Tuesday, October 14, 2008

Rolleiflex MiniDigi

Rolleiflex MiniDigi taken with Nikon D90 w/ micro-nikkor 105mm f/2.8G VR

The Rollei MiniDigi is cool little digital camera that's styled after the Rolleiflex 2.8F TLR medium format film camera. Although the MiniDigi is designed to look like an original Rollei, the similarities pretty much end there. This camera is tiny, it's actually shorter than a roll of 120 film! It comes in two colors, vivid red or coal black.

First and foremost, this is a toy camera. Although the camera is quite expensive as far as toy cameras go, this is by no means a professional camera and the image quality isn't up to par with even the lowliest compact point and shoot camera. So if you're a pixel peeper this isn't the camera for you. I paid $329 for mine at Precision Camera, my local camera shop. The going rate is about $300. Stay away from Urban Outfitters who are selling this camera for $400, what a rip-off!

The newest version of this camera is the MiniDigi AF 5.0. The camera claims to give you a 5 megapixel image, but in reality the Rollei MiniDigi has a 3 megapixel sensor (doing the math it actually works out to less than 2.4 MGP). The 5 MGP image size comes from image interpolation. Basically, the camera upsizes your images to give you higher resolution. There are actually 3 image size settings, L - 5MGP, M - 3MGP, S - 0.6MGP. My advice is to use the M setting for the sensors native resolution and upsize in Photoshop if necessary. Photoshop can upsize your image with better interpolation algorithms than the camera can.

The Rollei MiniDigi has a 4.9mm f/2.8 lens which is the equivalent of an 80mm lens on a full-size Rollei which gives the camera a crop factor of 16X!!! Not that this really matters. The cool thing about this lens is that it allows you to focus as close as 10cm. You can get close-up enough to get some degree of shallow depth of field which is almost impossible for a camera with a sensor this small.

Everything on the Rollei MiniDigi is automatic. The ISO, White Balance, and exposure settings are all calcualted by the camera. There's no using creative exposure settings on this camera, it's literally point & shoot.

Just like the original Rollei TLRs to view the image you look down into the cameras waist-level viewfinder from above. Also like the original the MiniDigi has a pop-up viewfinder hood to block stray light making it easier to see the viewfinder when in bright situations. The image is displayed in a small 1X1 inch color LCD. Due to the simple design of the mirror in everything in the original TLR camera's viewfinder was reversed left to right which could make it difficult for composing without a lot of practice.Fortunately, unlike the original, the image on the MiniDigi is flipped the right way so what you see is what you get. I will say that in bright sunlight seeing the screen is almost impossible.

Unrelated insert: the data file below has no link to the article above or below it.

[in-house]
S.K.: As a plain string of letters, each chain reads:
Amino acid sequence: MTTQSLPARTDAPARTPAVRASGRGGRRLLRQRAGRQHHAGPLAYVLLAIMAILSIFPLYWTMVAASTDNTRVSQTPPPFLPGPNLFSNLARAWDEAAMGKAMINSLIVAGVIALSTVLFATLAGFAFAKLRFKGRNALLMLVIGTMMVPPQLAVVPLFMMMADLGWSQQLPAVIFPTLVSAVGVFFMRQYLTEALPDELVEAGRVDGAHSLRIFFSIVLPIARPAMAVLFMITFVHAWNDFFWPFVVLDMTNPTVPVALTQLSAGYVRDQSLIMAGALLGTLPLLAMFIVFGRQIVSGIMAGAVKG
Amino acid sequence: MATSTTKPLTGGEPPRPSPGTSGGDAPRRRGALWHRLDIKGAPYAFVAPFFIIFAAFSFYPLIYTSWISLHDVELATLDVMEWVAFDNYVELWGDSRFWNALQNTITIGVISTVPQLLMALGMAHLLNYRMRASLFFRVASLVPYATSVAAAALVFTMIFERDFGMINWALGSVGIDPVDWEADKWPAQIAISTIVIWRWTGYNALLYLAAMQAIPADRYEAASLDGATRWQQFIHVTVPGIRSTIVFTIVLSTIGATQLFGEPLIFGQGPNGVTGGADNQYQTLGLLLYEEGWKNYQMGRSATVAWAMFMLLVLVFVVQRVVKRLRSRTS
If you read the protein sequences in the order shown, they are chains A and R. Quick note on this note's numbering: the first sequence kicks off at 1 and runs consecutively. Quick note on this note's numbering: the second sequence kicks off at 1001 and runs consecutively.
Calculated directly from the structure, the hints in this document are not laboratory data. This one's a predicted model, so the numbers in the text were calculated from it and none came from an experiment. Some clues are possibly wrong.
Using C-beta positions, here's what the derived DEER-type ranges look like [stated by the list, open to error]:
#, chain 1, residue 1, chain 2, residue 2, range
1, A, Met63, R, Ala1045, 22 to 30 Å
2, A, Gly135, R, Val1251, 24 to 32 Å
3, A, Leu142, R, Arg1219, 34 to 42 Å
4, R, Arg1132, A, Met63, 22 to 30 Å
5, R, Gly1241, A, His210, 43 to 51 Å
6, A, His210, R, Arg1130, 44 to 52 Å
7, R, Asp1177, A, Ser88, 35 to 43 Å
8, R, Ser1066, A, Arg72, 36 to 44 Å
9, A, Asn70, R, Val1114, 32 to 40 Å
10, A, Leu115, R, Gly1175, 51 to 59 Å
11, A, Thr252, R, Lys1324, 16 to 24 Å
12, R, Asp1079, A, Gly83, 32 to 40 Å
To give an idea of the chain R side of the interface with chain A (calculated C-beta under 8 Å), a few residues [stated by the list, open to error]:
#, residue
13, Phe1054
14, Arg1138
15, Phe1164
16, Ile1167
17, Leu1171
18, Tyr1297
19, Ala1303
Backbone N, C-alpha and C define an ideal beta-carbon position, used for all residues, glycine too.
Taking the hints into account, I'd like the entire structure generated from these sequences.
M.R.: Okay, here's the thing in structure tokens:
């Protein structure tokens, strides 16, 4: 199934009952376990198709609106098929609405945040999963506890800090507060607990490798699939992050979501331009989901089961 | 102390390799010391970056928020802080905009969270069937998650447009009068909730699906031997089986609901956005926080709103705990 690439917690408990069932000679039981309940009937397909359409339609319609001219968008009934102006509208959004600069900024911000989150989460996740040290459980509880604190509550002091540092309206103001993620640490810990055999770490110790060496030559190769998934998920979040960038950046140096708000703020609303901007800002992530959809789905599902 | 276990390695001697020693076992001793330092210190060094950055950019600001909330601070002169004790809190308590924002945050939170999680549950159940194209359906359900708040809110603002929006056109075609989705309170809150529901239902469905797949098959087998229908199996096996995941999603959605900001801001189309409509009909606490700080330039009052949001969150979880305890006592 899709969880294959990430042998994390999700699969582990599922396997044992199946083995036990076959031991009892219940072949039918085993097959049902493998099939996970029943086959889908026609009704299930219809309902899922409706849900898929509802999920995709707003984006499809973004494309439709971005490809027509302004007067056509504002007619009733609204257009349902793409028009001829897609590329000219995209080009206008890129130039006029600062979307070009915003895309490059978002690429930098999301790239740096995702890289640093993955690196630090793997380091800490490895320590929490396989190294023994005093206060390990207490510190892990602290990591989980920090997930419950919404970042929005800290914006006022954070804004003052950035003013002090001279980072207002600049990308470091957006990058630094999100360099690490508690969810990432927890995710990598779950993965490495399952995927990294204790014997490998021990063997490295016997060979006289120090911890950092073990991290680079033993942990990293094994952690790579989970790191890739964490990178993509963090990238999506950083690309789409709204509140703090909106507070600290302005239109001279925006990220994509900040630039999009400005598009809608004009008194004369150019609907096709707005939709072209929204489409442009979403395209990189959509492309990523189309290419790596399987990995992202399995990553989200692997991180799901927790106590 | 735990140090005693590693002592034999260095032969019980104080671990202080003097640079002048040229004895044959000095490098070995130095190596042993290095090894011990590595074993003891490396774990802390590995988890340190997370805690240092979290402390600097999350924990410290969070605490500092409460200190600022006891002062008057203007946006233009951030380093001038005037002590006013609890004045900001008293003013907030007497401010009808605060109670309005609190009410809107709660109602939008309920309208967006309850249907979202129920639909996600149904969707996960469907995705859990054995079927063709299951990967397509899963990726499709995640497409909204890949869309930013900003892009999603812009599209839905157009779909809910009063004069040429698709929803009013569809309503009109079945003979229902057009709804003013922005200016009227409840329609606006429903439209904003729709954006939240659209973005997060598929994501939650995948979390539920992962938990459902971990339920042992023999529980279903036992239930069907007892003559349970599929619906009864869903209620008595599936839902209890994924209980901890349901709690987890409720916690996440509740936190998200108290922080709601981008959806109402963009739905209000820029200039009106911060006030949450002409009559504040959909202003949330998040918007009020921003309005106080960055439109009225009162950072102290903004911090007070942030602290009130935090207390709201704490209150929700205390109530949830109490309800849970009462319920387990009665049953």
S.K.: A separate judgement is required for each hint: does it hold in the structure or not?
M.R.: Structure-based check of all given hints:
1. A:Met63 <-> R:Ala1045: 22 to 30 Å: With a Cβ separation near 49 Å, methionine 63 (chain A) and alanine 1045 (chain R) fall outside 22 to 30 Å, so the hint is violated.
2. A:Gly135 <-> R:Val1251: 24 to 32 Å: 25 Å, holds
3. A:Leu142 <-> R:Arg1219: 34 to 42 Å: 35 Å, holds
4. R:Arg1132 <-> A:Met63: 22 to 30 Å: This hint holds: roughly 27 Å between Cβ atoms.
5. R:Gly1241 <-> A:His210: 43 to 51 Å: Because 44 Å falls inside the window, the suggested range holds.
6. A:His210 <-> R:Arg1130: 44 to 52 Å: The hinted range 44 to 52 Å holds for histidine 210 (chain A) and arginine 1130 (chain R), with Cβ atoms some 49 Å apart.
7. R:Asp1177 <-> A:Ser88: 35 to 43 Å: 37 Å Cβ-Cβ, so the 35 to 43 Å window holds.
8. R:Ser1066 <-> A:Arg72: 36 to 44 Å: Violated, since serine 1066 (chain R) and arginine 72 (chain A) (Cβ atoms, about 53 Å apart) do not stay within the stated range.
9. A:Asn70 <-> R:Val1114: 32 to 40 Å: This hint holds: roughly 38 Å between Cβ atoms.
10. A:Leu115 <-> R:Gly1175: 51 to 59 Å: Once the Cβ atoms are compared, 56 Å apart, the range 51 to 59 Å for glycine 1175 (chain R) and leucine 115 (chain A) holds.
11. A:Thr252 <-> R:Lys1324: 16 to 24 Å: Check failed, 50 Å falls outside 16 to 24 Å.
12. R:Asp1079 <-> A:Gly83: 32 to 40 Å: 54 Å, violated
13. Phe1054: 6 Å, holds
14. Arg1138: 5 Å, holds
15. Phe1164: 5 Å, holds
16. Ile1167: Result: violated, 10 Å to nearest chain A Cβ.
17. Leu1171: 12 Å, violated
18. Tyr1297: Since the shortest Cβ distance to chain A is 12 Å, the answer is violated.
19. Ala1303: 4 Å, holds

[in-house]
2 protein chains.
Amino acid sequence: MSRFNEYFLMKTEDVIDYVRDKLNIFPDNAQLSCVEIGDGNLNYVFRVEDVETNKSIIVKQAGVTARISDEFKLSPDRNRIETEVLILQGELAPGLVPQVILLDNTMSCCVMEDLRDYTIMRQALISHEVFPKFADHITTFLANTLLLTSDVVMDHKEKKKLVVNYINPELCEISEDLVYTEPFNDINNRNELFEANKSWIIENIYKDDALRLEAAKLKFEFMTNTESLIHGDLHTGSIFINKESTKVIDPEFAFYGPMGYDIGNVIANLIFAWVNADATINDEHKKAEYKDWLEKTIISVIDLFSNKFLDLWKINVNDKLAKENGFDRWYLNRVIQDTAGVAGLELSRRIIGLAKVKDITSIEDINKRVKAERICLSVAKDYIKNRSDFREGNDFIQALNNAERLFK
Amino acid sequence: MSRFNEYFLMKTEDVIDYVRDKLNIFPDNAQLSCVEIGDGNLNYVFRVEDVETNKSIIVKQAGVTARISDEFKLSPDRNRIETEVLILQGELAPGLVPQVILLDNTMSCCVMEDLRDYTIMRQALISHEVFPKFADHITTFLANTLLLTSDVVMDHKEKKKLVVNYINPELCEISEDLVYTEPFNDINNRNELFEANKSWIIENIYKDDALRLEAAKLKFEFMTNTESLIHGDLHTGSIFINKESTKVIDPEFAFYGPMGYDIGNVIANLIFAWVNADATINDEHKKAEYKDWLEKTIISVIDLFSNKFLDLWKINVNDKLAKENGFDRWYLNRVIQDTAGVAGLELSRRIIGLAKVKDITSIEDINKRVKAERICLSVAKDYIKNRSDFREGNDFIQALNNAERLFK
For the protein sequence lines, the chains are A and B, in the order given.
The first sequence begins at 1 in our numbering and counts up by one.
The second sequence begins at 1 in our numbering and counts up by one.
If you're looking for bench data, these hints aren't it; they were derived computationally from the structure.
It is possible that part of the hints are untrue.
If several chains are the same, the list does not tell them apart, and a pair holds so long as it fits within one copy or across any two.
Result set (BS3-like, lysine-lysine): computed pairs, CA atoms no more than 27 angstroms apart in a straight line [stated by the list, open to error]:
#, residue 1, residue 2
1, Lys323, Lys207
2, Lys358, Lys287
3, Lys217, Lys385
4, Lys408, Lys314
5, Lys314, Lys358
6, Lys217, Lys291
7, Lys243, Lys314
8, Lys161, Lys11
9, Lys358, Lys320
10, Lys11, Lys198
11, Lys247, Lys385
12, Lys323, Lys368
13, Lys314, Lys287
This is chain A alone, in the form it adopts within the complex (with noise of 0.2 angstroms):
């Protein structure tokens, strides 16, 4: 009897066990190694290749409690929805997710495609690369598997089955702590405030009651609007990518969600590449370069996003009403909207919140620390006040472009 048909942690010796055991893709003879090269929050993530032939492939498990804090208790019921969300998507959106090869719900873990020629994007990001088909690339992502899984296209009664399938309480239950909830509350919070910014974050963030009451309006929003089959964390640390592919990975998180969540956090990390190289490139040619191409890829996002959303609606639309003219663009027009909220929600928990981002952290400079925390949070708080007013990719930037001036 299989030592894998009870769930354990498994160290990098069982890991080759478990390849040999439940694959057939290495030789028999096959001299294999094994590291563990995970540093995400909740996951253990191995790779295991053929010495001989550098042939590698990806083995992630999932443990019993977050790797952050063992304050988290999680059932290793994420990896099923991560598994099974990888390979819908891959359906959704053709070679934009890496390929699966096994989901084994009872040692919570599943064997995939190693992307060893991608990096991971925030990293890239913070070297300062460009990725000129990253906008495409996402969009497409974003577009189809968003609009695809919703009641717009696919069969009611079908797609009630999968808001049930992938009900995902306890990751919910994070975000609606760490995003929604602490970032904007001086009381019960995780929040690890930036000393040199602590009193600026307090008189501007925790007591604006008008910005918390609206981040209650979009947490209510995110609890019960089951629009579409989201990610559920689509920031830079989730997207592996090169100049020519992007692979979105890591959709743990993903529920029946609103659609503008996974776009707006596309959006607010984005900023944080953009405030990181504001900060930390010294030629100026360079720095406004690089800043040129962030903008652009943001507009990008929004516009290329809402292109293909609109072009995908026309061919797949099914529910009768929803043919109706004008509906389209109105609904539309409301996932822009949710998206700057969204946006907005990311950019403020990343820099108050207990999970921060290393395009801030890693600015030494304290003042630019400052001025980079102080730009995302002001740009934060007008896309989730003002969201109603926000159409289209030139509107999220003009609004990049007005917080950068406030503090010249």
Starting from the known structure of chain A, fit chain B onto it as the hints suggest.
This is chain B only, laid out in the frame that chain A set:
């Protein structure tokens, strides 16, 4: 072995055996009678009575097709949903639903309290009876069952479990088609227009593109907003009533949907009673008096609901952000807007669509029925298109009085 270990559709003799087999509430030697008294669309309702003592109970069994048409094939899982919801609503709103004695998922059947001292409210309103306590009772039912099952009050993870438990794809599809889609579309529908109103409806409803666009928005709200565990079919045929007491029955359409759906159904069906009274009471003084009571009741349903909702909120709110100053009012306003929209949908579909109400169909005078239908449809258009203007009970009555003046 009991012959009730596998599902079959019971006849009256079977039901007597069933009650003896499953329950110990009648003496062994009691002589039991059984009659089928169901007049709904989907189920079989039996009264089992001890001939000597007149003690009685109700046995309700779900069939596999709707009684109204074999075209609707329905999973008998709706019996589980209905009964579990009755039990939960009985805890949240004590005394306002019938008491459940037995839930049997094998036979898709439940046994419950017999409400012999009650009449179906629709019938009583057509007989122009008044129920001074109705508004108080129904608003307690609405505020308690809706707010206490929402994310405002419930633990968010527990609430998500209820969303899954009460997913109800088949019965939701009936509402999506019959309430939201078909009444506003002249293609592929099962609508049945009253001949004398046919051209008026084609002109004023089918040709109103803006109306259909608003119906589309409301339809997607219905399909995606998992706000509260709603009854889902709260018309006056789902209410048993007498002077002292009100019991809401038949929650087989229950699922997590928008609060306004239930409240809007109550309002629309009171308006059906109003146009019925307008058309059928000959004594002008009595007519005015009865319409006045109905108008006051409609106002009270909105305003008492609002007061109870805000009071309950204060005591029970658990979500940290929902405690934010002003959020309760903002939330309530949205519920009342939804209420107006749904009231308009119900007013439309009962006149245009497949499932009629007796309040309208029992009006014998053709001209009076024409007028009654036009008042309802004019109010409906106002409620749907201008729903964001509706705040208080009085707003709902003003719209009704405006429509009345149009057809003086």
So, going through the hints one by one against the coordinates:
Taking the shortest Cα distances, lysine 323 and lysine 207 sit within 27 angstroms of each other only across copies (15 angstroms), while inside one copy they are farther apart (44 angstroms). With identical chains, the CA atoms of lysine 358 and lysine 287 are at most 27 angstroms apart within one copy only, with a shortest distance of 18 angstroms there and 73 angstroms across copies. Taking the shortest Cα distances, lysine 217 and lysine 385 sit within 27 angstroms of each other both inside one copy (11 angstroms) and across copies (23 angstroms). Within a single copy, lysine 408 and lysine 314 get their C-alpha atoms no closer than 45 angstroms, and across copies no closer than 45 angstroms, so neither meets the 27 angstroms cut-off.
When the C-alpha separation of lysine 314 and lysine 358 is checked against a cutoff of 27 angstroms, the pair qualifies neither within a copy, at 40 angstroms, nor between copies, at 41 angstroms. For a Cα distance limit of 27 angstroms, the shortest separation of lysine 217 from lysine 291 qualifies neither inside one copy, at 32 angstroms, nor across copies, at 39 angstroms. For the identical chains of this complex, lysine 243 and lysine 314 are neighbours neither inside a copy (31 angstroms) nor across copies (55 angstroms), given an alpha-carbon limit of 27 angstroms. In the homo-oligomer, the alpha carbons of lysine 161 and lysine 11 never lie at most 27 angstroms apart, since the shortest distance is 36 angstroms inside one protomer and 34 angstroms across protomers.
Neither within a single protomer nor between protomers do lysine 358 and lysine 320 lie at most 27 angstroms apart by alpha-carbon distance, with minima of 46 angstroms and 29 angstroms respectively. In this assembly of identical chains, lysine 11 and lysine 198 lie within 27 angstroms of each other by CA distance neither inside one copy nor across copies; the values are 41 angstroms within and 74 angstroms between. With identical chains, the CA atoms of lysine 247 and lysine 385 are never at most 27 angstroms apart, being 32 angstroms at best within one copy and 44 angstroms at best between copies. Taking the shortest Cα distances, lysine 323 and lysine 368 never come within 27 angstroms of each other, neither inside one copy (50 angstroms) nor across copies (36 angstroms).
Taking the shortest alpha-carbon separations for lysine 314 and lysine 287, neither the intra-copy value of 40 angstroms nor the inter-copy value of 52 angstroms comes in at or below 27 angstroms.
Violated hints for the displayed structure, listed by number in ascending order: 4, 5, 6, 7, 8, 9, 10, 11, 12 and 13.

The autofocus on the Rollei MiniDigi is frightfully slow even in broad daylight so shooting any type of action is not impossible, but difficult. This camera is best suited to shooting relatively stationary subjects. As a throw-back to the film camera era after the shutter release button is pressed you must crank the film advance lever forward to reset the shutter release button. This a neat little novelty that doesn't bother me in the least. It's hard to figure out exactly what the camera wants to focus on as well. Even when trying to shoot close-up the camera's AF seems to like to focus on the background, so it can take a few tries to get your shot right.

The Rollei MiniDigi stores images on Mini SD cards and included with the camera is a 256 MB card along with an adaptor so you can use a standard SD card reader to download your images. This is a nice feature since I didn't have a Mini SD card. I would have preferred a standard SD card sice I have a few of those.

As far as image quality goes, as long as you shoot with ample lighting the image quality is pretty good. When shooting in direct sunlight the images are sharp with good contrast. The MiniDigi uses an averaging meter which doesn't always give the best exposures resulting in a lot of blown -out highlights. When shooting in low-light the image quality falls dramatically. The images are plagued by excessive noise and I've noticed horizontal banding in quite a few of the images. I've also noticed quite a bit a moiré in some of the images, the Rollei MiniDigi probably doesn't have an anti-aliasing filter. The MiniDigi also lacks an infrared (IR) hot mirror so by holding an IR filter like the Hoya R72 in front of the lens you can do IR photography pretty easily. So far my IR results have been less than spectacular, but I've only had the camera for a couple of days and there isn't an abundance of good IR reflecting plant life around this time of year.

In conclusion, this camera is a fun little novelty. It's all about making concessions. The only real control you have over this camera is in composition. Most of the images will need post-processing work to make them usable. I prefer to convert to black and white or to simulate cross-processing to add some interesting effects to the pictures. For what this camera lacks in image quality and control it makes up for with a coolness factor. It looks great and it's a real conversation starter.

The Rollei MiniDigi is sort of like a digital Holga. You never know what you might get.

You can get yours here:

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